The topic of reasonable care is not straightforward. Neither is Off-payroll. And neither is understanding the rules of evidence. And this is why expertise by professionals with proven tribunal experience commands a premium.
The tax Offsets issue
There has been one major flaw in the Off-payroll legislation that has been exposed by the Government's National Audit Office (NAO). The issue was then confirmed by the Head of HMRC at the Public Accounts Committee on 21st February 2022.
Despite multiple representations being made to HMRC for almost two years, they did not seek to put into law a statutory instrument to cater for tax offsets when unwinding an "outside IR35" position if HMRC successfully overturned the status decision.
We all surprisingly discovered that the client pays the full amount of tax, and the contractor gets a refund for any corporation tax and income tax on dividends they have already paid. These facts, reported in the Financial Times, have dumbfounded tax experts.
This finding has consequences in the IR35 insurance industry because it means any insurance policy bought by a contractor which purports to protect other parties in the supply chain does not work. They don't work because there is no "insurable interest."
According to the Association of British Insurers, insurance law means "you can only buy insurance for something or someone in which you have an insurable interest." Contractors who believe they have been mis-sold can complain to the Financial Ombudsman Service.
Contractors should also take heed of the Managed Service Companies legislation, which has also reared its ugly head again. As IR35 Shield explained over a year ago, agencies touting tax loss insurance might be creating risk for the contractor and themselves.
And the umbrellas?
As the cliché goes, "Sunlight is the best form of disinfectant", and there's been an awful lot of muck that has surfaced in this industry over the past year or so. The rackets on withholding holiday pay and other skimming scams were exposed. I think this is because vast numbers of tax-savvy contractors have, for the first time, been questioning why their pay packets weren't what they expected.
As we move forward, there's no way these scams can continue any longer, and an umbrella that has a business model around retaining any monies other than the margin they charge may need to recalibrate.
We are now seeing third-party real-time auditing services for umbrellas that ensure every penny ends up where it is supposed to go. These are likely to define the future and be an essential part of the due diligence for umbrellas, with hirers dictating their umbrella PSLs rather than the recruitment agencies.
HMRC will be responding to the Call for Evidence on umbrellas in due course. Regulation seems inevitable, and it will require automation. Because at the moment, HMRC appears to be at least a year behind closing down schemes that are alerted to them - by which time the operators have made their money and fled, leaving the taxpayers holding unexpected bills. That cannot continue.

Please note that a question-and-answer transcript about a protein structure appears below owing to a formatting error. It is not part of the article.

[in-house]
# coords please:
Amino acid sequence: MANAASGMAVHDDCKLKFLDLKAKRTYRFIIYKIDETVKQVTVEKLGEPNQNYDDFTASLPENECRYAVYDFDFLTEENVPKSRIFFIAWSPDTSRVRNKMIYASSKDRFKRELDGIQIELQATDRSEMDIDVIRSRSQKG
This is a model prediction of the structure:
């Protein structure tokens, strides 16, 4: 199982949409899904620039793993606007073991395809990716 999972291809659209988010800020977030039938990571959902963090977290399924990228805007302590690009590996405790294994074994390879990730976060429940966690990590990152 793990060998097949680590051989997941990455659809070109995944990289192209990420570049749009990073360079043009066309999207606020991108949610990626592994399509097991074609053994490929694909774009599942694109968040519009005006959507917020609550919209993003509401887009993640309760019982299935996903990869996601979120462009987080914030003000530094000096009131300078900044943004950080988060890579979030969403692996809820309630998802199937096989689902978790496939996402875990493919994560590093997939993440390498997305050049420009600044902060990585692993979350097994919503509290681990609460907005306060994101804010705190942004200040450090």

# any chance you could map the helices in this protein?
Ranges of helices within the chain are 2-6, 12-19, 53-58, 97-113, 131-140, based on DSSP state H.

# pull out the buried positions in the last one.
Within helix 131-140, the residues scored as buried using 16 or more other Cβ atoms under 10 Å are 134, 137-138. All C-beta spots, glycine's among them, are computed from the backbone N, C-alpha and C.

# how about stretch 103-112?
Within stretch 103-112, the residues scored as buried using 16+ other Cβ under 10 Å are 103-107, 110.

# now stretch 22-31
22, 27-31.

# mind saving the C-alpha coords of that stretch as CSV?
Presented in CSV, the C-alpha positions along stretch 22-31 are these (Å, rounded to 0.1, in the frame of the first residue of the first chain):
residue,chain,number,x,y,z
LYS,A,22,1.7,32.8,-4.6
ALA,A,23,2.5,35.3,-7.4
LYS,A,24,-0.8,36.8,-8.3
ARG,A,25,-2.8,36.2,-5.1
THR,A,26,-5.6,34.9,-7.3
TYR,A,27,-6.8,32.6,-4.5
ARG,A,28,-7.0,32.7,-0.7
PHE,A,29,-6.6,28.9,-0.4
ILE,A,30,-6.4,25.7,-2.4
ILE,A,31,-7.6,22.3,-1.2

The positive IR35 future
So, how is the market going to shape out?
Many firms are finally getting around to engaging with the new legislation, primarily because they cannot get access to the people they need if they don't. Commercial drivers dictate that some contractors won't even entertain "Inside IR35", however much you pay them.
As firms recover from the pandemic and gain more confidence to invest, they need access to talented contractors.
Many freelancers have thrown in the contracting towel for many reasons, not all of which are IR35 related. Some just decided to retire or take jobs more locally, rather than stay on the contracting hamster wheel, which requires always looking for the next piece of work.
Resilient contractors who haven't quit are still very active and resourceful. There's a huge market opening up for opportunities for which the new legislation doesn't apply. Activity includes the creation of small niche consultancies and working remotely for overseas clients – because, in both scenarios, the new rules do not apply.
Firms are also shunning the hire of UK-based contractors and using remote workers, again, because the new rules don't apply. The golden rule here is to not work for a firm in your own country - one of the behavioural consequences of poor legislation.
Personally, my money is on the rise of the small consultancies in the UK. I think they will begin to outshine recruiters and steal a considerable market share. We are already seeing some recruiters trying to set up consultancy arms. HMRC are alive to this already, and their compliance checks ask questions about "fully contracted-out" service providers.
As the dust settles, HMRC will get what they wanted (more money via PAYE), and the contracting market will survive.
[This is a blog piece by Dave Chaplin, CEO of ContractorCalculator, and founder of IR35 Shield.]